Members of THIMBLES ON WHEELS met in New Braunfels, Texas on Saturday,
April 14, 2007.  It was Bluebonnet Time in Texas and the bluebonnets and
wildflowers were in full bloom. Quite an amazing sight, even for those who live in
Texas.

In addition to a wonderful meeting (described below), the premeeting events turned
out to be quite unique this time as well.  Those who arrived the day before the
meeting met at the home of Kit and Dick Froebel on Friday evening, where
everyone "played thimbles" and visited.  Oh my, I don't have to tell you how much
fun that was.  Then we all caravaned to a well-known restaurant in the nearby town
of Gruene (pronounced Green) at the Gruene River Grill.  It is housed in a rustic
and charming old building overlooking the Guadalupe River (and near the Gruene
Dance-hall, the oldest continuously operating dance-hall in Texas.)  We opted to sit
indoors, which as it turned out later, was an extremely wise decision.  Just as the
first four of our party of eight were being served, a gigantic storm hit and lightening
knocked out all the power to the cities of Gruene and New Braunfels.  We sat in
total darkness with only cellphones for light since the restaurant had no candles,
until we were told that the rest of the food would not be forthcoming.  "Long story
short" as they say, we finally found our cars in the total blackness and on the way
back to Kit's home, the lights came on again.  Kit was able to whip up a wonderful
meal featuring potroast and home-made bread for those who had not yet eaten.  
What a gal!  The evening was a memorable prelude to our meeting.

On Saturday morning everyone met at the Fire Mountain Restaurant in New
Braunfels where we had a meeting room reserved.  In attendance were:  two
collectors from Humble, TX; two from Park Hill, OK; two from Cedar Creek, TX;
one from Sherman, TX; one from Dallas, TX; one from Mabank, TX; and two from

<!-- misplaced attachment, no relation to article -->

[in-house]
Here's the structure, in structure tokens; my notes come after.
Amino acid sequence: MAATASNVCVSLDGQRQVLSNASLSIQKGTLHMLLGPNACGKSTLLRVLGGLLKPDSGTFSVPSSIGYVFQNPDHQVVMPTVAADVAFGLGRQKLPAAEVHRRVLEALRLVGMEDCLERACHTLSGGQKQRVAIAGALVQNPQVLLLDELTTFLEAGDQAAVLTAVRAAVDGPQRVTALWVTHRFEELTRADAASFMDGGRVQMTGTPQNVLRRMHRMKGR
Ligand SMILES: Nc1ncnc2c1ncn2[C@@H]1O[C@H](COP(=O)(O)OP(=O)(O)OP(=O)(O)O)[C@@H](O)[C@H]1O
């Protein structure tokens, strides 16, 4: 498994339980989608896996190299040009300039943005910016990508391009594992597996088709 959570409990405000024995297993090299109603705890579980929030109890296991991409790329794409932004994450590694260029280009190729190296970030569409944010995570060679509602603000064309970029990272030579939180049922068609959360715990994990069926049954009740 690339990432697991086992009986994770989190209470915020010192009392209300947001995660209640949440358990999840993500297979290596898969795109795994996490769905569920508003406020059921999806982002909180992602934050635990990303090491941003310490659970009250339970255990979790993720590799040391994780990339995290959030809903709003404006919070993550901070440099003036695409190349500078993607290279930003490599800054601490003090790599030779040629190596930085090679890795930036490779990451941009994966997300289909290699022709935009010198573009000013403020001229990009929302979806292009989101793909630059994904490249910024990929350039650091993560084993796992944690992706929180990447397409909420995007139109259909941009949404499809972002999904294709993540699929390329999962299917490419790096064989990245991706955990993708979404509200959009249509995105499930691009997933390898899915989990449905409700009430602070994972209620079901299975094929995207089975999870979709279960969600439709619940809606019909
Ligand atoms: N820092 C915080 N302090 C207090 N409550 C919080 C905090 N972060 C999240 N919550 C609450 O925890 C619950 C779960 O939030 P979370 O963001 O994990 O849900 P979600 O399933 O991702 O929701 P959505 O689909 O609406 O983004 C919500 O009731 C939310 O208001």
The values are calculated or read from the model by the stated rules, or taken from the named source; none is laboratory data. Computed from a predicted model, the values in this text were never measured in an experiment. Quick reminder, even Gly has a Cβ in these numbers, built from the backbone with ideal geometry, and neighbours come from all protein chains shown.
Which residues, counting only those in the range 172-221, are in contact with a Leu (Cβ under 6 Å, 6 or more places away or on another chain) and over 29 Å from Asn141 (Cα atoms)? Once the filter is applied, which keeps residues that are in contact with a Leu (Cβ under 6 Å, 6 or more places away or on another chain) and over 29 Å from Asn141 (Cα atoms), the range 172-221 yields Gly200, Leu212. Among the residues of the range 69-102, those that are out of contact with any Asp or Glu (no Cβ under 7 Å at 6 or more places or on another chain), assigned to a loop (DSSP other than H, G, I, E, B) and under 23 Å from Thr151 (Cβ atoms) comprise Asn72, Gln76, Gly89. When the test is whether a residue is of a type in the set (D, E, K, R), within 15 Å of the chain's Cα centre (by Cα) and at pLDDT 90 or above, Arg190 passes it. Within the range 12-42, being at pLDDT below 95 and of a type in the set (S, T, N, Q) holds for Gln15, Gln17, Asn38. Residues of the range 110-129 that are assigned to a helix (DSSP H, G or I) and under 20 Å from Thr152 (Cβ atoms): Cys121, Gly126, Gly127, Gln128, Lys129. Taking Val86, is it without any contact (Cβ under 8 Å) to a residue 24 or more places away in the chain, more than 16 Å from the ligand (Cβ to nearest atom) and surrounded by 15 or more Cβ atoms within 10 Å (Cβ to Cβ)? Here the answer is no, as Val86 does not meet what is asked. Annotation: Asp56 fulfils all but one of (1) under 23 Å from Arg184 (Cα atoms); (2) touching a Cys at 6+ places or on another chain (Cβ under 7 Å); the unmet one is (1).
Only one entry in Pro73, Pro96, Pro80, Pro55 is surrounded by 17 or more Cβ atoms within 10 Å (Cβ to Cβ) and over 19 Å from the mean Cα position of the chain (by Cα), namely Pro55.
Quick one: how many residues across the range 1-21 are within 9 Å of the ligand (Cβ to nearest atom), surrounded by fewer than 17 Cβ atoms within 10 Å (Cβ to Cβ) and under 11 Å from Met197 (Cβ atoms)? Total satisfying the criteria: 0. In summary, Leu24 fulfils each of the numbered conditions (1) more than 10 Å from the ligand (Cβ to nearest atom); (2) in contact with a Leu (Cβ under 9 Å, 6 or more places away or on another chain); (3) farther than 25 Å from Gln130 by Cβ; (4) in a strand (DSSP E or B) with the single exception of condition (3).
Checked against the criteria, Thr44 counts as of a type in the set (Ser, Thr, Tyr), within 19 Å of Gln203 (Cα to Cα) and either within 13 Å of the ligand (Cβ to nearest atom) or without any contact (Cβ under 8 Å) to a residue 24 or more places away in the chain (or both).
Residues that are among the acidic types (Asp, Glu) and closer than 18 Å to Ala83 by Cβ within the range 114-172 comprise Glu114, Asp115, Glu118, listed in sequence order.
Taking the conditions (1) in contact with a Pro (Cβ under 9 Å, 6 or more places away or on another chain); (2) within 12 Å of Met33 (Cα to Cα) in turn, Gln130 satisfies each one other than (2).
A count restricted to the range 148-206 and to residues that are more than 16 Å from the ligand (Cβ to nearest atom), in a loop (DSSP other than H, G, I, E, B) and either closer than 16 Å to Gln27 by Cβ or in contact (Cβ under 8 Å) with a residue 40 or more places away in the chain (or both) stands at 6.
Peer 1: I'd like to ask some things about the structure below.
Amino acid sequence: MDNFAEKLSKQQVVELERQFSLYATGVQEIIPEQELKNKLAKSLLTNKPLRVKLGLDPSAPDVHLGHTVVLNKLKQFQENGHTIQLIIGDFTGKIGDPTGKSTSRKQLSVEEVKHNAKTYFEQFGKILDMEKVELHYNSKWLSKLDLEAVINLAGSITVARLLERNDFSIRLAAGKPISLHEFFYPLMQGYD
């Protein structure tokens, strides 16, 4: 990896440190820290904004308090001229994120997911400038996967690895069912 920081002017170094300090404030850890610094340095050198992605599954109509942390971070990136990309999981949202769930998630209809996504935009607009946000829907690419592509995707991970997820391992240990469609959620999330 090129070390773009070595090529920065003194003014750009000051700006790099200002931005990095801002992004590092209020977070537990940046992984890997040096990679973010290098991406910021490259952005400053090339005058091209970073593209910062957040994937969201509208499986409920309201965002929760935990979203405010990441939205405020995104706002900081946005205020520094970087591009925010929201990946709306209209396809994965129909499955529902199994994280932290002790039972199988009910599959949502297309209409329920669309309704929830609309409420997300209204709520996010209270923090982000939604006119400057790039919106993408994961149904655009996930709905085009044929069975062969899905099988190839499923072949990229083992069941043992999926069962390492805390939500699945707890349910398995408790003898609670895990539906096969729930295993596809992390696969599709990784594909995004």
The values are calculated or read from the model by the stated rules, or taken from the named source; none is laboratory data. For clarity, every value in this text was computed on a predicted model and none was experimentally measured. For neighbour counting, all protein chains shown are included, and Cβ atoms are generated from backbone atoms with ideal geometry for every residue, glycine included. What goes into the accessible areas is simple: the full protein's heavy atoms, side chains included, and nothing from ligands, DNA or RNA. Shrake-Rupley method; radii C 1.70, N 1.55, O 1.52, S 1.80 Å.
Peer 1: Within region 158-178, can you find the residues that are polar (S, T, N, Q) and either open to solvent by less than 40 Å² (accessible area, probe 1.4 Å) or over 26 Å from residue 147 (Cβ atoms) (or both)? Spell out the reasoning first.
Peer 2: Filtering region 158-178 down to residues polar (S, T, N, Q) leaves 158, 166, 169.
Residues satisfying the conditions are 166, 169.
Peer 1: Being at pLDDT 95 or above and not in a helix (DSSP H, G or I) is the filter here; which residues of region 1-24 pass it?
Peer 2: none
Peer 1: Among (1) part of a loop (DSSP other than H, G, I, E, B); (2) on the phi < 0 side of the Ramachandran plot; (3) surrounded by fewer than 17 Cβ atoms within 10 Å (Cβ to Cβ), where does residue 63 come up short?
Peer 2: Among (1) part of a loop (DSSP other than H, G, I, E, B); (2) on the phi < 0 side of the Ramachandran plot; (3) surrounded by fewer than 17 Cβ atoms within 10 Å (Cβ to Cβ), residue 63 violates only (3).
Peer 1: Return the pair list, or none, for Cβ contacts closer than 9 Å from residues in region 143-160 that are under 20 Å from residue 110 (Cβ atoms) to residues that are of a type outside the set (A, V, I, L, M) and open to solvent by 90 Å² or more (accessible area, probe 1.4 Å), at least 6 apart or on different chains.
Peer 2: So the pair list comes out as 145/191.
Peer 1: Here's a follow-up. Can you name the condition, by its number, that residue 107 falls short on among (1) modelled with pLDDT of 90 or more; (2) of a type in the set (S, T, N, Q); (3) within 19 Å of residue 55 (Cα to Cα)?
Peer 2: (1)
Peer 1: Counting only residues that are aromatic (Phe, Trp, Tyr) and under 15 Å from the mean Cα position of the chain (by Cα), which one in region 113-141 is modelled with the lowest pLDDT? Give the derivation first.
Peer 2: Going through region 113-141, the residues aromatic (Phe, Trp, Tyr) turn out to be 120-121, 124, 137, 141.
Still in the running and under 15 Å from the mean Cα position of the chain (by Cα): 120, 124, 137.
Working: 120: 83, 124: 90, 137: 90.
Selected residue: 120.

New Braunfels, TX; a total of eleven enthusiastic collectors.

Mollie Hanna presented an interesting talk about her research on a thimble she
owns which has an emblem on the side representing Royal Neighbors of America,
the female arm of the fraternal organization, Woodmen of the World.  Royal
Neighbors of America is a fraternal benefit society which was formed in 1892 as an
auxiliary of the Woodmen of the World. In 1895 it became a separate organization
offering financial protection, annuities, life insurance and community services for
women. The thimble was sold as a fund raiser and the letters on the logo stand for
Faith, Endurance, Courage, Modesty, and Unity. Amazingly, though this thimble is a
quite rare, there was another member in attendance who also owns one!  Mollie
shared a great deal of interesting and heretofore unknown information she had
found. There is still more research to do.  Thank you, Mollie, and we look forward
to an update!

Mary Craft gave a PowerPoint program entitled "Donkey Thimbles and Sewing
Tools" (a.k.a. "Mary's Astoundingly Asinine Thimble Program" and along with
thimble slides, gave a humorous narration of how her acquisition of a pet donkey
named Rudy gave rise to a collection of donkey thimbles and sewing tools.

Liz Fiscus described and demonstrated how to make ceramic thimbles.  She even